Collaborative production explores the making of Treaty 4
- EFN Staff | April 29, 2019
4 Collective and the Globe Theatre hit the stage this month.
The performers promise it is a show worth seeing.
The original Making of Treaty 4 was a conceptual performance that explores the making of treaty past, present and future, explained Erin Goodpipe, a member of the Treaty 4 Collective.
“It not only looks at the effects of Treaty, but gives us the space to tell treaty from our point of view, through an Indigenous lens,” she said.
It originated from a FNUniv class in 2017 and was first performed in April of that year. However, it was the group’s second performance in August 2017 that caught the eye of Ruth Smillie, artistic director and CEO of the Globe Theatre.
A meeting was held between the collective and Smillie about bringing the performance to the Globe’s mainstage.
Since that time, work has been taking place to create something unique that will involve both Indigenous and non-Indigenous performers. Unlike the original version, the updated version will include more movement and choreography.
Goodpipe said what makes this performance different from other Globe performances is that the Making of Treaty 4 is fluid, meaning every show is different.
The performers incorporate improvisation into their performances and often feed off each others energy.
“We don’t have a script, but rather an idea or a sketch of an idea,” said Goodpipe. “A lot of it is our lived experience or we have friends or family who have lived through these things, so we have devised our stories like that.”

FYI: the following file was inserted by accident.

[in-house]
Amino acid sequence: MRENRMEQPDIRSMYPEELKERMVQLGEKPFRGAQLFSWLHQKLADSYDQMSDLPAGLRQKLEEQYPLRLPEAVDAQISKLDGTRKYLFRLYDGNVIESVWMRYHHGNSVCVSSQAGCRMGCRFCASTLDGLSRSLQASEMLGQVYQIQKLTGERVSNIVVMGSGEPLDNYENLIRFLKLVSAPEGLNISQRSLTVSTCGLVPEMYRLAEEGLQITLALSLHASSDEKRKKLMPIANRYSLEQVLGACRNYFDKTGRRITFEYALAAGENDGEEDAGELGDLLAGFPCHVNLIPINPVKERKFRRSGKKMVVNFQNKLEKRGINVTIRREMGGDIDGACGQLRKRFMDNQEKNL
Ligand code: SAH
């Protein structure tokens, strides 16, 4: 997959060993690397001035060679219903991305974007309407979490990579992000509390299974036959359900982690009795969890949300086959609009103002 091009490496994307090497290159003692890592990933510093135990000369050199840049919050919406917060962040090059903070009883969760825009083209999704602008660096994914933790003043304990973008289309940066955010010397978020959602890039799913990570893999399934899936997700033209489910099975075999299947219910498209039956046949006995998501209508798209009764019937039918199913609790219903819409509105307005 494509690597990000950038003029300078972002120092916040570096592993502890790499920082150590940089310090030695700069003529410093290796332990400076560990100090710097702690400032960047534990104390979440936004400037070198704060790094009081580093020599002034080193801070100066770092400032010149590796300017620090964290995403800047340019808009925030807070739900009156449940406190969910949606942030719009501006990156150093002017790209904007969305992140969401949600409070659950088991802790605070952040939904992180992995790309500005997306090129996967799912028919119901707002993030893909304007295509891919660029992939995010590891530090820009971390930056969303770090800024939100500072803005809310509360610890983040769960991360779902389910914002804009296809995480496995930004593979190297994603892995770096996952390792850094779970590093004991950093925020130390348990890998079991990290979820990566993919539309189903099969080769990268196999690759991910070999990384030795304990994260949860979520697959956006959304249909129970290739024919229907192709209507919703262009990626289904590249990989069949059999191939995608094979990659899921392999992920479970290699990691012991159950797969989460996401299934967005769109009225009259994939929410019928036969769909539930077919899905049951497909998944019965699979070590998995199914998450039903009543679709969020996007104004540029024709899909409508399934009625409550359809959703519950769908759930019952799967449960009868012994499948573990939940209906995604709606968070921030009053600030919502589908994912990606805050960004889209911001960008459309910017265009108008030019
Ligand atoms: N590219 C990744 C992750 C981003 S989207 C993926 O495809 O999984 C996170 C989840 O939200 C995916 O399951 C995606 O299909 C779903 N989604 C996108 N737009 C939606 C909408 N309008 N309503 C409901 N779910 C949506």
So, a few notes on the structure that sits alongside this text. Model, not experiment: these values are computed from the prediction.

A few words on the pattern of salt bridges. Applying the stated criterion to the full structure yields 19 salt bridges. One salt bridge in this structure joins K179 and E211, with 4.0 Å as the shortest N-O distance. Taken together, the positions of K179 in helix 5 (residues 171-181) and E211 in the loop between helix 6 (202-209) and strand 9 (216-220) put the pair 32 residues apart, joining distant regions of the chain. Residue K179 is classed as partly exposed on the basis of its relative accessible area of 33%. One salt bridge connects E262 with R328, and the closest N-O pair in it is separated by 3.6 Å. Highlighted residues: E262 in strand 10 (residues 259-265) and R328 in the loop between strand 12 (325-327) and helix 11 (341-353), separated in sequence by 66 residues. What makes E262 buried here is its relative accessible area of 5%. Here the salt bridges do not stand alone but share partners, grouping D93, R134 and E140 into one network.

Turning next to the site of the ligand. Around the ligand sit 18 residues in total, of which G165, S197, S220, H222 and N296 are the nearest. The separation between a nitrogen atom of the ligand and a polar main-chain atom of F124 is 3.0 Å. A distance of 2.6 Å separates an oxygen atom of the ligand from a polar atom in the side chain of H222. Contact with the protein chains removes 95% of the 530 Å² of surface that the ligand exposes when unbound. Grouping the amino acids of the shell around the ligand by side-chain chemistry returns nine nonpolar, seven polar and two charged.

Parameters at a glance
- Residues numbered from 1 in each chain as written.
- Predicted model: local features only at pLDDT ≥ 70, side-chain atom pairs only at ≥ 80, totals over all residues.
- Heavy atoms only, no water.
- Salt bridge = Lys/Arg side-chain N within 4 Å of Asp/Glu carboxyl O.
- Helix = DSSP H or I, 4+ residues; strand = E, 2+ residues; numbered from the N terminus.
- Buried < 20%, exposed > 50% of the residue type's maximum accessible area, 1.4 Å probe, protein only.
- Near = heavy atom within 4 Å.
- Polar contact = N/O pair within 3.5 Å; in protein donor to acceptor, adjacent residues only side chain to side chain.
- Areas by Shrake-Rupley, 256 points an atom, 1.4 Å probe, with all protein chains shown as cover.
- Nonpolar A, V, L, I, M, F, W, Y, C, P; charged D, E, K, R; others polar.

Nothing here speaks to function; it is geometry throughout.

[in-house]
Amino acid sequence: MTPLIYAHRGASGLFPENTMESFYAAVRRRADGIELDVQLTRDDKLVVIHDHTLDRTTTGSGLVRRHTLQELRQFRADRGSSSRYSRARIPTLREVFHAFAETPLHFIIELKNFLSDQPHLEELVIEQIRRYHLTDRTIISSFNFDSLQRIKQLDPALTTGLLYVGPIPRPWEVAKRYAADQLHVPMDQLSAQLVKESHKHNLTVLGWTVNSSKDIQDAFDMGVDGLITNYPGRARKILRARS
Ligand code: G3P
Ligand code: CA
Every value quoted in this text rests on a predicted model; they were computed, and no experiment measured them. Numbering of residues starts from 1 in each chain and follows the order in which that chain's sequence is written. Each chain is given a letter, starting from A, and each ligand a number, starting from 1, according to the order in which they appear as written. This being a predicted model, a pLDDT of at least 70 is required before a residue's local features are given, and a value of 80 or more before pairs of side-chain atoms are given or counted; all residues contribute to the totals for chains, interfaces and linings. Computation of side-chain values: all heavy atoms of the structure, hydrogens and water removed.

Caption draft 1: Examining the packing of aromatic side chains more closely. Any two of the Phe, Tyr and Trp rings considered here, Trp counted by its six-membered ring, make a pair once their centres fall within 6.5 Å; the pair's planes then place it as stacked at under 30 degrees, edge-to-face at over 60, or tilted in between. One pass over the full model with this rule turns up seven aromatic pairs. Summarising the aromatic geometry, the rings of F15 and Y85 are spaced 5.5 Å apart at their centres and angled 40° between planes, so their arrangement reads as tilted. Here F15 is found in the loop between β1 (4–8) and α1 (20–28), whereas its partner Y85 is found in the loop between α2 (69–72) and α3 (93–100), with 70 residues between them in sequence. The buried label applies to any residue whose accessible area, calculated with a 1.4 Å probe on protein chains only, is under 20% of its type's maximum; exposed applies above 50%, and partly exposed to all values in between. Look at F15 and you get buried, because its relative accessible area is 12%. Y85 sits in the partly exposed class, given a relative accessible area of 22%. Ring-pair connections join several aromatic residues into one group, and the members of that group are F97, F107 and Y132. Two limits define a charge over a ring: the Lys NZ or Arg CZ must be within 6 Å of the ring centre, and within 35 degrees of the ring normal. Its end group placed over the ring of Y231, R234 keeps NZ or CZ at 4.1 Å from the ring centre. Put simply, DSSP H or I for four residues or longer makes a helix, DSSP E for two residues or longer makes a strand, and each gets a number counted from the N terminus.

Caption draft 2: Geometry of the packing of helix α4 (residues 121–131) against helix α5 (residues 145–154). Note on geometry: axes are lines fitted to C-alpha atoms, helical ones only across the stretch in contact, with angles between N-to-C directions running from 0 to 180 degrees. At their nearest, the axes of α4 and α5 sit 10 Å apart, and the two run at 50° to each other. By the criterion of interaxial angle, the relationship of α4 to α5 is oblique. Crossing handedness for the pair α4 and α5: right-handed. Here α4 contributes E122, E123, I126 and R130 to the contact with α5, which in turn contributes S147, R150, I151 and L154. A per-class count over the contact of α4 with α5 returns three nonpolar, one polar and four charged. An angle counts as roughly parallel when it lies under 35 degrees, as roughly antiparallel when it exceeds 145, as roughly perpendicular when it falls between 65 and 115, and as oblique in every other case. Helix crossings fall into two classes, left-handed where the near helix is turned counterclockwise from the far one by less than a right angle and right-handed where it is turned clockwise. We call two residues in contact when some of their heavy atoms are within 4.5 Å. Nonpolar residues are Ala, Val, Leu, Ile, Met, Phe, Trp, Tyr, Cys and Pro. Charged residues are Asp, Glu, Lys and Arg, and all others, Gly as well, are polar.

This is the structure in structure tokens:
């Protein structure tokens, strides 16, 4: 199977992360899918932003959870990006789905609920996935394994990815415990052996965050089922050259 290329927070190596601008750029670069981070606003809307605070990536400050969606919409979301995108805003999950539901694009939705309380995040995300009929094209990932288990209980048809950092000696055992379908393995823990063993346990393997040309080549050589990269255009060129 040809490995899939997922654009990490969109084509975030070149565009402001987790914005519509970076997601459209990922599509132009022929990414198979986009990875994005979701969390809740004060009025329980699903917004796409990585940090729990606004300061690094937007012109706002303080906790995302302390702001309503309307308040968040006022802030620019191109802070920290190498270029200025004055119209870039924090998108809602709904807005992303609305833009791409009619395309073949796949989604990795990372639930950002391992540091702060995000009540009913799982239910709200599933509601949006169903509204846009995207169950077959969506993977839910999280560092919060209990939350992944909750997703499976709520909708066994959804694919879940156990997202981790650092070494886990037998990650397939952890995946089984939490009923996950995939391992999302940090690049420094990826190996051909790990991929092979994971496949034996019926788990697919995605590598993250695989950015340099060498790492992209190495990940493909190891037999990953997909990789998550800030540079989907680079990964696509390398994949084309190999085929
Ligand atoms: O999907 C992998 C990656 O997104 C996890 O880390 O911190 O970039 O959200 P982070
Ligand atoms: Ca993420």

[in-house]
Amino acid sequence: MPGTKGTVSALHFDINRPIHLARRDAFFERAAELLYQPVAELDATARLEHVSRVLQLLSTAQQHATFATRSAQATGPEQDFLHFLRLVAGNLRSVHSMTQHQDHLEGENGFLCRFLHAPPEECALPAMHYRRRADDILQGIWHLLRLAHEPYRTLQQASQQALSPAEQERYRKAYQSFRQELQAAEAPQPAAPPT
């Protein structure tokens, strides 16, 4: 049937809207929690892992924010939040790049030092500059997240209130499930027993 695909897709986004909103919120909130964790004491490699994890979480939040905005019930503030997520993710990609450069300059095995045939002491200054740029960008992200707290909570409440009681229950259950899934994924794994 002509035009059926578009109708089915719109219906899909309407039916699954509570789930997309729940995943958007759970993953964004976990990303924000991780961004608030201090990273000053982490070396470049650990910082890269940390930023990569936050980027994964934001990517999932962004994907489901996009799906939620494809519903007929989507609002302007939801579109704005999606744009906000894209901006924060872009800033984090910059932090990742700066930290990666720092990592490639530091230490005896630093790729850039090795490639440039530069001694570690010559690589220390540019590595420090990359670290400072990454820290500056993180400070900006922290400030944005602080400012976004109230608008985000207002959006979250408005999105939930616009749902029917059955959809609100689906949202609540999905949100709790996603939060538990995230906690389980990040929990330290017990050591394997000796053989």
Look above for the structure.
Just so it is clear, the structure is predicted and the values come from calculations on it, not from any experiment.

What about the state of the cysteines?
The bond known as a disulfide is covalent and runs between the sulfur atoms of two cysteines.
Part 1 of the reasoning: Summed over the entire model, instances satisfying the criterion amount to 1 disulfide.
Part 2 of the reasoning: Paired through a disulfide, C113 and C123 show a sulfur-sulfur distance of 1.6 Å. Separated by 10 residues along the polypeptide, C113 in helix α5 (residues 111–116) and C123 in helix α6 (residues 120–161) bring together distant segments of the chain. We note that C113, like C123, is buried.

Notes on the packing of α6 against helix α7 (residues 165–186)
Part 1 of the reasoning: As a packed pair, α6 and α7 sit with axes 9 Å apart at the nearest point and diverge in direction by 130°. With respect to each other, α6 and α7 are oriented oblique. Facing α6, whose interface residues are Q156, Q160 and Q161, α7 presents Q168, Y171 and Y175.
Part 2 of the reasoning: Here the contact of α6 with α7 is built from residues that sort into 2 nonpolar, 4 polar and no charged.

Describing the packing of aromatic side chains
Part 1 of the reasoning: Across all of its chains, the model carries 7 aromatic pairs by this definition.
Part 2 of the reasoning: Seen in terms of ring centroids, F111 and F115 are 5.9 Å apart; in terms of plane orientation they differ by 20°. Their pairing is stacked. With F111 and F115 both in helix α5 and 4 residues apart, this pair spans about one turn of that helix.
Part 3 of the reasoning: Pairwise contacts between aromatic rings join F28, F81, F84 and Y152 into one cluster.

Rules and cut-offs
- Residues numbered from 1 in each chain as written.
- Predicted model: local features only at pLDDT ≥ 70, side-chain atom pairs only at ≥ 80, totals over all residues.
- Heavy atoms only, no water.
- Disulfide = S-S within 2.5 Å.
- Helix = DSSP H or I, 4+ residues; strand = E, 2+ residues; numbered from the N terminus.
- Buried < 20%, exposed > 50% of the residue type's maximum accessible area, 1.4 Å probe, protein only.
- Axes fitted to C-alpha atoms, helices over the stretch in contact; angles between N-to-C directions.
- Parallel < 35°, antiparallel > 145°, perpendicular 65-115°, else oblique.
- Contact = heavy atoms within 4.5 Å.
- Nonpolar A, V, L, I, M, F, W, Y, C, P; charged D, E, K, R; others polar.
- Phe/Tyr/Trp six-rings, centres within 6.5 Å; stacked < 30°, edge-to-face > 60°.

Skyler Anderson, plays Weetigo, said only his character and Teddy Bison’s Trickster figure remain the same throughout the entirety of the performance.
“Everyone else are several different characters and the story takes place from creation up until now,” said Anderson.
The show is completely different from the original for a couple reasons. One was that with the Globe the performers had access to more resources and trained professionals.
Benjamin Ironstand said what has remained constant throughout all the versions have been the themes.
Some of those themes include inter-generational trauma, missing and murdered Indigenous women and girls, lateral violence, toxic masculinity, and resiliency.
The collective invites everyone to come with an open mind.
The show ran from April 11 to April 28 and each performance had 100 pay what you can tickets set aside, so anyone who wanted to see the show was able.